Then came the charming dinner in the Regency Room in Heinz Hall. I wish I had photographed the room for it was set up so quaint and elegant, I felt I did not belong in my casual wear. I did however whip my phone out and captured my fabulous meal.

My lovely salad
Good hard rolls and "cute" butter
My lovely dinner in the Heinz Hall Regency Room Chicken, with mushrooms, grilled zucchini, peppers, carrots, and green beans with red potatoes. Tasty!
My dessert...Chocolate mousse with whipped cream, a strawberry slice and raspberry sauce!

As I said, during the first half of the concert the PSO played seven charming pieces, all of which I will not name. But, the one I loved the most was Debussy’s Children’s Corner, Suite for Orchestra VI. Golliwogg’s Cakewalk. It made me smile and want to dance in my seat… After the intermission was our turn to perform with them with the pieces we had been given to prepare. They were gorgeous, yet technically challenging selections: Wolfgang Amadeus Mozart’s Overture to Don Giovanni, K. 572, Bedřich Smetana’s “The Moldau” No. 2 from Má vlast, and Les Préludes, Symphony Peom No. 3. I enjoyed myself so much up there on that stage with these world-class musicians I wished I could perform the same concert the next 2 nights.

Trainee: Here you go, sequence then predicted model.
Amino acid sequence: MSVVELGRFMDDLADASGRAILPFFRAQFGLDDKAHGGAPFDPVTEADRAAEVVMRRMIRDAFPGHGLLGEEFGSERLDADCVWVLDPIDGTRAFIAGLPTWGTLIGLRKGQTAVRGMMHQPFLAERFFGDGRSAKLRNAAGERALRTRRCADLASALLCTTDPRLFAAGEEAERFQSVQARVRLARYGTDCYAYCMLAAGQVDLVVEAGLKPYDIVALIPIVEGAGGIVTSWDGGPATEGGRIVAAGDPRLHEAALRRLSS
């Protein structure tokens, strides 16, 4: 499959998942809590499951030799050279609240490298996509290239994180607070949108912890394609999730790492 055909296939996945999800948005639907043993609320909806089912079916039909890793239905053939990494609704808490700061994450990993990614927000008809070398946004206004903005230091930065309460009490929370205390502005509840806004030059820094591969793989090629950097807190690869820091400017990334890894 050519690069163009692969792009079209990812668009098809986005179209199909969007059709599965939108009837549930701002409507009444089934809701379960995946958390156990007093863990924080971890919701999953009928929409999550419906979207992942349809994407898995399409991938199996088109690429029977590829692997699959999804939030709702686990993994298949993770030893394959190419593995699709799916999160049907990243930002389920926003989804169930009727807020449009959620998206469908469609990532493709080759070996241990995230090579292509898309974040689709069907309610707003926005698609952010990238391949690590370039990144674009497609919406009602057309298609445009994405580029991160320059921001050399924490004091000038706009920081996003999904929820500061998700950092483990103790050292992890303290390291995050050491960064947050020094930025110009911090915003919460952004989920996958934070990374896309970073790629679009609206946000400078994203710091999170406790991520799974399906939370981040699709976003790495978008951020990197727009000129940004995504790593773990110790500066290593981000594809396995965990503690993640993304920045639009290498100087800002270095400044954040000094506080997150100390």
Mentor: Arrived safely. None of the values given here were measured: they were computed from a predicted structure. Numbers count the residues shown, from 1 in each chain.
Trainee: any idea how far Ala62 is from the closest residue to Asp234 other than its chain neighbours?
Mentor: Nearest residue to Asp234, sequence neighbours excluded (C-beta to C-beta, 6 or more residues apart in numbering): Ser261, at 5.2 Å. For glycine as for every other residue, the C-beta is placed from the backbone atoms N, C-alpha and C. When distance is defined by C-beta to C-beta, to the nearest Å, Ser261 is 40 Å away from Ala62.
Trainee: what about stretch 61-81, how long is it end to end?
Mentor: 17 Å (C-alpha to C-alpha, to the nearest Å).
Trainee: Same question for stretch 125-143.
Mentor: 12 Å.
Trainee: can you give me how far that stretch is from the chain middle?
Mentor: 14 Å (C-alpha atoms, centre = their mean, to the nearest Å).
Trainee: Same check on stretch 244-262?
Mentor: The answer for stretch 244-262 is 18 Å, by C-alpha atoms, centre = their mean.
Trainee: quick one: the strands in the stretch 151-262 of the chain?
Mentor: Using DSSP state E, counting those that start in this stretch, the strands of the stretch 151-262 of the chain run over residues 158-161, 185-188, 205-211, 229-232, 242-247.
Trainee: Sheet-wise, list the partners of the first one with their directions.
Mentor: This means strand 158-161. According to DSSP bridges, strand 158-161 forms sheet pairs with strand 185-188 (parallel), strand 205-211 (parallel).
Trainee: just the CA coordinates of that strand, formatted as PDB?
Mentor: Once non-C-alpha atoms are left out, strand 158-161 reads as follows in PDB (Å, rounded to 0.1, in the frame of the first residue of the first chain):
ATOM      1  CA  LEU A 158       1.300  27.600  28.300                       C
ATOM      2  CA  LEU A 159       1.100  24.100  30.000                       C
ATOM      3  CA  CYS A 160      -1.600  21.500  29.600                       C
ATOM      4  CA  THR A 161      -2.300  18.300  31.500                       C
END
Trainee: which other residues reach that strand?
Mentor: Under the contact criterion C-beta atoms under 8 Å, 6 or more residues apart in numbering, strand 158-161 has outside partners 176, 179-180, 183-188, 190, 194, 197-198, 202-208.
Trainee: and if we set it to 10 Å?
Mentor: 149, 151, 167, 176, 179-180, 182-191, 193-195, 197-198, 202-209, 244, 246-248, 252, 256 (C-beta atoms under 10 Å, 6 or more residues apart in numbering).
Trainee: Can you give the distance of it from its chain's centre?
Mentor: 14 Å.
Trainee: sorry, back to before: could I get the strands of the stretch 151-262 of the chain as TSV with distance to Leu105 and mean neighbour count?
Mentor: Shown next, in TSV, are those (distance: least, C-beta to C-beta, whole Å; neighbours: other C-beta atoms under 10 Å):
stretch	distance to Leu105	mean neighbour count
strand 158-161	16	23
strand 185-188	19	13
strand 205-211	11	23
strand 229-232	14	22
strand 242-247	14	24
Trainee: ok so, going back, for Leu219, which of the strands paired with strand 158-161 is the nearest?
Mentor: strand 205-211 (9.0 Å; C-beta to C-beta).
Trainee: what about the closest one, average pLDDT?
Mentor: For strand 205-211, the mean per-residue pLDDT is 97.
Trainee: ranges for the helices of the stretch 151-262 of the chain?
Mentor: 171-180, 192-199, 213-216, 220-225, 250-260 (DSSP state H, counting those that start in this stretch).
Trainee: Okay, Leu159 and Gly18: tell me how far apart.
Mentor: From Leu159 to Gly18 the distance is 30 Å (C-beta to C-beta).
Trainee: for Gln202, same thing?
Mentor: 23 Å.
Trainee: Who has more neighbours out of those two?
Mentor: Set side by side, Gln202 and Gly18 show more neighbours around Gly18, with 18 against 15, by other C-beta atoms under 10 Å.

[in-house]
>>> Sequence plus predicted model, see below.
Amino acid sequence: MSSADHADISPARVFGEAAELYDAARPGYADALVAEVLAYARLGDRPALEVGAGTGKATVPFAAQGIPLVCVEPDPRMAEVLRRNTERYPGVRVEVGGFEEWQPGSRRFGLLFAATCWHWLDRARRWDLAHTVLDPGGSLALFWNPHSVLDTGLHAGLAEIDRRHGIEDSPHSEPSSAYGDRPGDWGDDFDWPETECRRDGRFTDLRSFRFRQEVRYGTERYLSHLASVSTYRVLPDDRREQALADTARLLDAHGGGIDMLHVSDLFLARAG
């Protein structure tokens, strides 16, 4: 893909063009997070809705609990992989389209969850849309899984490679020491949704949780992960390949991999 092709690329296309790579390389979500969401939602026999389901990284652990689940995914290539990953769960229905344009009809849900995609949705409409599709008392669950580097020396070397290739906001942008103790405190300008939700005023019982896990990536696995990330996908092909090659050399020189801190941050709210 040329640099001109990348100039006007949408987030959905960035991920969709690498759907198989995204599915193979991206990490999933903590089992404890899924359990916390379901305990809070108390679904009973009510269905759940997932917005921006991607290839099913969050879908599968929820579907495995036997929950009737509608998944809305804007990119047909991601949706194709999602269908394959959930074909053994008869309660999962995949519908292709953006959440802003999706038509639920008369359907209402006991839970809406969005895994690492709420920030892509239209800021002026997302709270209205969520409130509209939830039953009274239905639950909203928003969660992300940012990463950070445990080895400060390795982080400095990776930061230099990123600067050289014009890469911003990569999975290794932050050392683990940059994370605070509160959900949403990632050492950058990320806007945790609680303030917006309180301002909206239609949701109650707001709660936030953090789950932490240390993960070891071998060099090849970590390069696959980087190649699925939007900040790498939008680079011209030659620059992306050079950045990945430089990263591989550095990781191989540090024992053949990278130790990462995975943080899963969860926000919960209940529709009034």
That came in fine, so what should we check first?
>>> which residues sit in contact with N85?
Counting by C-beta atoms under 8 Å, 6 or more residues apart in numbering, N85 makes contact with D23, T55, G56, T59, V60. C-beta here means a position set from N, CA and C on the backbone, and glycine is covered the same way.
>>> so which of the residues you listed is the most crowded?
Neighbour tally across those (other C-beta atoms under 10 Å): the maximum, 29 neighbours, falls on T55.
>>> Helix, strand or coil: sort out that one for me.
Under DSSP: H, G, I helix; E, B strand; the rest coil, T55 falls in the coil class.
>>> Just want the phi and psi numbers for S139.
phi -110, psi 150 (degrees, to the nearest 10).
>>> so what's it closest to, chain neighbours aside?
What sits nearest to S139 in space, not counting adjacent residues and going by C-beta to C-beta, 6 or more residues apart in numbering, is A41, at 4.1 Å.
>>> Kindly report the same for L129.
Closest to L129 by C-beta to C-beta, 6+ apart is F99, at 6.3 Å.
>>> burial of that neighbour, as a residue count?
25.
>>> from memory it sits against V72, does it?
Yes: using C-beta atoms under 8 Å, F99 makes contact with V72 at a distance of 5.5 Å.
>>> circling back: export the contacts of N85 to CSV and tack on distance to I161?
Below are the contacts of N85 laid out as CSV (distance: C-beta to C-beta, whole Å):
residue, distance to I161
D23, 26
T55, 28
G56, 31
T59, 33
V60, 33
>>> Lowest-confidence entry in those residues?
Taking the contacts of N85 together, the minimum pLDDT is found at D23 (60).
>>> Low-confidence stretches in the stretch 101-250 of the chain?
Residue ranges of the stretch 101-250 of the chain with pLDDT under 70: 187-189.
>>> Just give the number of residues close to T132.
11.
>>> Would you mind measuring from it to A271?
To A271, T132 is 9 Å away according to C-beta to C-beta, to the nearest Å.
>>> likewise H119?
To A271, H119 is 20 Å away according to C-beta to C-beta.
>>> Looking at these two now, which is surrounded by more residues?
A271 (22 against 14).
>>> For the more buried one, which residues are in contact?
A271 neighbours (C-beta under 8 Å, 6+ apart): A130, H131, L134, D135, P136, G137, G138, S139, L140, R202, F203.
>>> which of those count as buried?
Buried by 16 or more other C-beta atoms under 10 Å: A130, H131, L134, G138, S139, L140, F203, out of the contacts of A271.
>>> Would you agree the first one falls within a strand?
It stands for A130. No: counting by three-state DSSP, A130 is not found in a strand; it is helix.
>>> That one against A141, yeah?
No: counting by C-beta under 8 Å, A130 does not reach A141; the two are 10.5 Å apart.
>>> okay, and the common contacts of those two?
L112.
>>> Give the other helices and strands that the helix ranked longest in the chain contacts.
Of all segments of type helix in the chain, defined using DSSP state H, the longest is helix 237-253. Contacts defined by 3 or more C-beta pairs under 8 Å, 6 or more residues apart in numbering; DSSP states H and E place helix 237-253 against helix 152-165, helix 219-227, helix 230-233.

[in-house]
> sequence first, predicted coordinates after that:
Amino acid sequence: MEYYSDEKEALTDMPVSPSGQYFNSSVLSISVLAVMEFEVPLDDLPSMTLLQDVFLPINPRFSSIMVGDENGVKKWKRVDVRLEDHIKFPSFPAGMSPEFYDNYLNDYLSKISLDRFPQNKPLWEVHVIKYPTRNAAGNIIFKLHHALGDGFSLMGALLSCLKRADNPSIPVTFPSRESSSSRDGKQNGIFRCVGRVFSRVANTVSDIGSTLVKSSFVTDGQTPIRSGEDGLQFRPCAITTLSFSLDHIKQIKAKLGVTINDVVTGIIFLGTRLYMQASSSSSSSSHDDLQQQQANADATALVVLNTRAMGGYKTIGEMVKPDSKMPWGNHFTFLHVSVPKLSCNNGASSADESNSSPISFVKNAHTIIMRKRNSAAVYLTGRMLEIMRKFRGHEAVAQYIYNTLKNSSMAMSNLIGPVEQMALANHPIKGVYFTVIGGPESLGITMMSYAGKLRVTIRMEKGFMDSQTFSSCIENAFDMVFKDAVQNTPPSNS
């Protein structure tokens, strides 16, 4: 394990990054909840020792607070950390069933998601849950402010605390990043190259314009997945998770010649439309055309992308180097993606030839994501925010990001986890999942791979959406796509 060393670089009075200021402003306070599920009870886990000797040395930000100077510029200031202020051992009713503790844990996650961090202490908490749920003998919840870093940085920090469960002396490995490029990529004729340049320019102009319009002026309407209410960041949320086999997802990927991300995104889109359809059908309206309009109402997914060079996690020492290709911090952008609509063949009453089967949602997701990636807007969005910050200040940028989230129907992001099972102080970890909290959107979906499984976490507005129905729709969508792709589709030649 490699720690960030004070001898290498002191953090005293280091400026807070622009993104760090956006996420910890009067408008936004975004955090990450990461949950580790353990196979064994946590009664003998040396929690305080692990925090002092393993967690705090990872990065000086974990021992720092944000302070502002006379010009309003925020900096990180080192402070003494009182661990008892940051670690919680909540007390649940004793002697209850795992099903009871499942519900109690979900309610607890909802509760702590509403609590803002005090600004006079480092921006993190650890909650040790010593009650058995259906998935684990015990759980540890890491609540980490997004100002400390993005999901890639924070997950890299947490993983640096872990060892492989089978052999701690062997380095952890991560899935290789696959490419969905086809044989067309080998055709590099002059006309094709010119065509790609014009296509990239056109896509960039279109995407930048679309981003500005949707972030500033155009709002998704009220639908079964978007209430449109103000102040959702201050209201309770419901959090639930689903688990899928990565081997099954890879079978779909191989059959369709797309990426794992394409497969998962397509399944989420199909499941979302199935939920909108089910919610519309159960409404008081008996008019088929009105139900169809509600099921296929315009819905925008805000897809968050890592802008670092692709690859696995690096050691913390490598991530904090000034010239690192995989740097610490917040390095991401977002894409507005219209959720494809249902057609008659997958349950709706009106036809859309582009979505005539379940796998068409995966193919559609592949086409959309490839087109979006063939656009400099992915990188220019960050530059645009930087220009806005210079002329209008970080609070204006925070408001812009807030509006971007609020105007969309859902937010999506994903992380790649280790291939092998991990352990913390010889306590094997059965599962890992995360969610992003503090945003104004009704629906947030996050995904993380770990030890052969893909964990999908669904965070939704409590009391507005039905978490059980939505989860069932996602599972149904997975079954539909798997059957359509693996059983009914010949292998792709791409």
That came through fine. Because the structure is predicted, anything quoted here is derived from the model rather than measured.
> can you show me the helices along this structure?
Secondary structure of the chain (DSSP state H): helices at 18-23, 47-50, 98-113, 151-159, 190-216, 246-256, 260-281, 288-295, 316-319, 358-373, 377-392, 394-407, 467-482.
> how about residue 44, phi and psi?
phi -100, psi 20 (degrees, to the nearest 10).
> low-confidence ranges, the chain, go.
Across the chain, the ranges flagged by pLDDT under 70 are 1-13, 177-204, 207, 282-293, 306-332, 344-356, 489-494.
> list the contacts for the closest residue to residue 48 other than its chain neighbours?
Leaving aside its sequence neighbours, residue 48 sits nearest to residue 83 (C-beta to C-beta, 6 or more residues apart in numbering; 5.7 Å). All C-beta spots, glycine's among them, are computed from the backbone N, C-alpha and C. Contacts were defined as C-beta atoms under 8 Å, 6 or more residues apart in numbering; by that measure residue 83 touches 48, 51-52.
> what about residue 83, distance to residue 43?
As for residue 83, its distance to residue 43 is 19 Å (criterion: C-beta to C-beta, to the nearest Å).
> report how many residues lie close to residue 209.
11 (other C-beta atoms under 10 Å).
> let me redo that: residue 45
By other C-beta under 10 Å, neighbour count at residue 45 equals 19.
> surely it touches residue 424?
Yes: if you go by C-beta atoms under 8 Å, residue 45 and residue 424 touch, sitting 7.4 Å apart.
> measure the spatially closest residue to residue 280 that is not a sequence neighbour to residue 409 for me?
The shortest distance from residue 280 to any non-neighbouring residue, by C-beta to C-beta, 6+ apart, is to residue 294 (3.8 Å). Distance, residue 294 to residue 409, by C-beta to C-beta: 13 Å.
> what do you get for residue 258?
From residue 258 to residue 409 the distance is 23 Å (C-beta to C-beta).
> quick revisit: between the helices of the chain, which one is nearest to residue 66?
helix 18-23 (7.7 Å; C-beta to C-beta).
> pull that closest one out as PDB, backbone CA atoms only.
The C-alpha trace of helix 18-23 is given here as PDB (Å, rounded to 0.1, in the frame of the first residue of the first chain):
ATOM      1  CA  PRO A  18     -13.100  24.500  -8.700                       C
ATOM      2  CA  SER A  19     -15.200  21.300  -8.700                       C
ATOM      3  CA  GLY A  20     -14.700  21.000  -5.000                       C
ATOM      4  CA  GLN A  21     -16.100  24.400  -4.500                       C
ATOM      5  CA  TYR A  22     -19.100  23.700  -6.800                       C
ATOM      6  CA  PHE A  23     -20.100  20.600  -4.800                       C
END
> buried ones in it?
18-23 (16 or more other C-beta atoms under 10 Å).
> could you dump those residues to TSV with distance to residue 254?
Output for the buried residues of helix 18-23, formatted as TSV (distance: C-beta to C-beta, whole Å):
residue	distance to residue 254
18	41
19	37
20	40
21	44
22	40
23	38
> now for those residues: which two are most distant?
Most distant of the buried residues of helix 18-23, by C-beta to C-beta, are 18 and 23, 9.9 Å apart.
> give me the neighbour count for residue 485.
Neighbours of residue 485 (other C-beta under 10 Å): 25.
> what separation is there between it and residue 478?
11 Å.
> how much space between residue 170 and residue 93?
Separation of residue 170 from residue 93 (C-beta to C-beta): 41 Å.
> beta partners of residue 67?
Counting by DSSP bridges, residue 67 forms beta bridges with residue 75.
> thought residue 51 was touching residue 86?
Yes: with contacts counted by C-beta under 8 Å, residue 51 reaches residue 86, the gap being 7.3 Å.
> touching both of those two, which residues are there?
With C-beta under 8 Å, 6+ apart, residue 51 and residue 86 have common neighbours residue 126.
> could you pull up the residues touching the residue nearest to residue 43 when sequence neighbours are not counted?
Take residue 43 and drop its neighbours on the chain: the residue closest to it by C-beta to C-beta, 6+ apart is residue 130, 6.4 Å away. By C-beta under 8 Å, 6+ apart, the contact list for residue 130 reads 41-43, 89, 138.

I have definitely gained that hard work and determination are what makes the PSO as a whole and the individual musicians in it so amazing. They display top quality performances and artistry concert after concert. As an aspiring young musician you can cling to the fact that if the PSO musicians have risen to that level then with the same attitude of determination and strive for excellence you can too! It was truly exhilarating to sit side-by-side with some of the best musicians on the planet. This event made for an unforgettable experience and served as a motivation to work as hard and as diligently as you can to reach that level.

Me warming up on Heinz Hall stage before the concert

Leave a Reply

Your email address will not be published. Required fields are marked *

Show Buttons
Hide Buttons